Worst of all, The Hunter is one of the least compelling alien villains I’ve seen in quite sometime. He looks like a guy who should be playing a Russian hitman type. He has zero personality and not even his special space weapons make him any more interesting.
The first is called the “Poacher Gun” and it just looks like a large handgun. It fires homing bullets that instinctively targets the eyes or ears so as to not damage their hide. It can even home in on a target from around a corner. In theory, this sounds like a neat weapon, but they way it’s used in an unspectacular manner so it doesn’t even come close to matching the coolness of the flying killer CDs from I Come In Peace that were drawn to a human’s own magnetic field. The other weapon is called the “Big Game Gun” and looks like a miniature hand held bazooka. It’s primarily used whenever the director requires a small explosion. Other than that its very existence doesn’t make much sense. Big Game Gun? For hunting what? Obese people? NBA players? And mind you, the simplistic names of these two weapons come from the mouth of another alien, so clearly advanced alien life forms are incapable of creativity.
That other alien, the warden that just calls himself Warden, is The Mummy’s Arnold Vosloo in a role he’s probably not proud of. For whatever reason, he spends the whole movie dressed like a cat burglar. He’s supposedly superhuman but the one scene where he displays his superhuman agility is less impressive than anything Jackie Chan does on a regular basis. He also spends a good deal of time in his apartment that is loaded with intergalactic high tech gadgets such as hologram view screens, a keyboard with weird symbols in place of the alphabet, and cloaked filing cabinets.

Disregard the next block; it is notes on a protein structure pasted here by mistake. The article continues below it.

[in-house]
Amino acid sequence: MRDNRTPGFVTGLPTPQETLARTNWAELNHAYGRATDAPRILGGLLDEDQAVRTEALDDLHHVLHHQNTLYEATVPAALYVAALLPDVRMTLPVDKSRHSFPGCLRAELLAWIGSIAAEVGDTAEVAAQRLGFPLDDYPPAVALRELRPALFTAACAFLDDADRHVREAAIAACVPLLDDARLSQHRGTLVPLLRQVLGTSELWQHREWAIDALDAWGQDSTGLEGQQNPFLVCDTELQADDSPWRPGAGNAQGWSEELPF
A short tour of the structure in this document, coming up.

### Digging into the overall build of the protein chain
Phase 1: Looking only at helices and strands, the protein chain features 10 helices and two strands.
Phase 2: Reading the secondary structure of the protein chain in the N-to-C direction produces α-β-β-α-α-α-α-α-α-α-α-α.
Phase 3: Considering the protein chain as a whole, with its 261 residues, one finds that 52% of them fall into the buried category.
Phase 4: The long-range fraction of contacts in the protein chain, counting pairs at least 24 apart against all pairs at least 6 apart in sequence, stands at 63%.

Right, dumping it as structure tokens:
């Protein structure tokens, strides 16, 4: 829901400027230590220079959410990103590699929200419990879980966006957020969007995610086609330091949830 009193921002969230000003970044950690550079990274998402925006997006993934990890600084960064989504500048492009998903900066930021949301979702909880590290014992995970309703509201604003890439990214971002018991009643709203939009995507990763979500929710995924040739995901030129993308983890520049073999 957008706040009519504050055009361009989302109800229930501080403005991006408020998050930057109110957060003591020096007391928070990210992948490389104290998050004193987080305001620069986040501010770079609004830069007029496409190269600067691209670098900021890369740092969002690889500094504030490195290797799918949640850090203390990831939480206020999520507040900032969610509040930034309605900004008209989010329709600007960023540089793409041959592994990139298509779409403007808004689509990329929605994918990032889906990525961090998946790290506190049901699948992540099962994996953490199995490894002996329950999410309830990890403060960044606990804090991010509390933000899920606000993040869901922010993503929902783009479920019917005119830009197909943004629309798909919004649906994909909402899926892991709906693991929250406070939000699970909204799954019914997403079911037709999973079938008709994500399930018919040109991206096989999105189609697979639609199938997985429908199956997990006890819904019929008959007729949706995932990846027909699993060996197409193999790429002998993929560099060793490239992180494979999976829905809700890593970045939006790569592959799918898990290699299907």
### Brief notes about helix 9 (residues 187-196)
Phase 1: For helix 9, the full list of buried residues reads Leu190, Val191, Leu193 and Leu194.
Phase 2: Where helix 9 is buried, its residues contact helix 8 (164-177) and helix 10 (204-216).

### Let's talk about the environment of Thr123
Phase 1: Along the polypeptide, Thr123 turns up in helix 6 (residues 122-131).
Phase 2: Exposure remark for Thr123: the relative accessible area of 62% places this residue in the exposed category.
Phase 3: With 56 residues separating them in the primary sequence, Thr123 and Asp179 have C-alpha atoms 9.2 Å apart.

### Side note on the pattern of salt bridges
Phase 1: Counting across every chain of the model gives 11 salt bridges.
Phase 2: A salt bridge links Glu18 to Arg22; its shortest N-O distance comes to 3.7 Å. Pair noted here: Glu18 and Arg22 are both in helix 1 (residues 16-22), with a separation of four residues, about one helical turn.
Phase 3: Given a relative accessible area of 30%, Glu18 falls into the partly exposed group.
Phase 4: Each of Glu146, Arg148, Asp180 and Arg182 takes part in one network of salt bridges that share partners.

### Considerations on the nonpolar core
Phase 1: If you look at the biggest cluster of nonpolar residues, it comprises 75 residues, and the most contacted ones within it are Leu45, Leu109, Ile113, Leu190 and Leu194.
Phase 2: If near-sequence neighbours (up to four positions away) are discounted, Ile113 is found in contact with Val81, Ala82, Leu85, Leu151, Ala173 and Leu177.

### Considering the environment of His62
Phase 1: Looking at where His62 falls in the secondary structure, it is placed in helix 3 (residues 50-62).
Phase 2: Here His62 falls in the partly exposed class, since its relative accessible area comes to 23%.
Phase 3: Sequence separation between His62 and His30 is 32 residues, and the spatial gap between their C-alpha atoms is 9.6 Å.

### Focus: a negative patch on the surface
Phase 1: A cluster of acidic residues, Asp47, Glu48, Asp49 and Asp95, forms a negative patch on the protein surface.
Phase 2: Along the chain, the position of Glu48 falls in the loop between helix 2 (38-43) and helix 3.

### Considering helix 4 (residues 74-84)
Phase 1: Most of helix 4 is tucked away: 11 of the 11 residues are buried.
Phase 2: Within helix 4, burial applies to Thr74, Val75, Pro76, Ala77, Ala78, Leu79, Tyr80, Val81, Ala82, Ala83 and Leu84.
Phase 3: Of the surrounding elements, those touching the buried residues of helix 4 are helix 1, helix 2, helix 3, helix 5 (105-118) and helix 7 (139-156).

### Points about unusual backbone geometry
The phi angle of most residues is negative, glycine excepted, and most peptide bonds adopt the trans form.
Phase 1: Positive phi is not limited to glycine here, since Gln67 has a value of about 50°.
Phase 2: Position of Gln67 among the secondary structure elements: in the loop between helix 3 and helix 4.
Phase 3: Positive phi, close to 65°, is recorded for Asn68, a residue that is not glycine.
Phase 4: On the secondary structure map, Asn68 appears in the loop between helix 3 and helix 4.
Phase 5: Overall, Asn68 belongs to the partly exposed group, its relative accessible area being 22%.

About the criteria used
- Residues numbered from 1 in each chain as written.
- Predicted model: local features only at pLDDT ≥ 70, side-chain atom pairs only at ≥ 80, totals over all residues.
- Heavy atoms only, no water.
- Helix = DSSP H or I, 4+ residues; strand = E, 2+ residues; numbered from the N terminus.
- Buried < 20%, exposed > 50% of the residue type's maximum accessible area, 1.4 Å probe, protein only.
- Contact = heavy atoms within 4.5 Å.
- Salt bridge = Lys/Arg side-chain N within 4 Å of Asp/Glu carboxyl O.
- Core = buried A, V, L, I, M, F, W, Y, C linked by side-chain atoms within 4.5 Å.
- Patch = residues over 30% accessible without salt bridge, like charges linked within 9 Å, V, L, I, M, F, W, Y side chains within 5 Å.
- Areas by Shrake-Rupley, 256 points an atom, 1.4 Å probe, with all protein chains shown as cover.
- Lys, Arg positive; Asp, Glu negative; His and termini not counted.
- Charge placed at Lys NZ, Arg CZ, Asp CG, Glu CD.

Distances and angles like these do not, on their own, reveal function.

Eventually, he’s forced to team up with Eric Roberts, the lead detective investigating the health club murders. Eric Roberts doesn’t just phone his performance in, he uses Morse code.
Roberts also finds himself having to deal with another detective, portrayed by John Rhys-Davies, best known as everyone’s favorite dwarf from the Lord of the Rings trilogy. Now I understand his character is supposed to be rather boorish and unlikeable but I’d love to know why Tenney felt the need to introduce him in his very first scene by having him make racial slurs. I’d like to think that a cop making overtly racist comments right in front of his boss and everyone else in the room would at least get some sort of reprimand, which he does not. I’m still not even sure what purpose Davies’ character served since he never really factors into the plot much.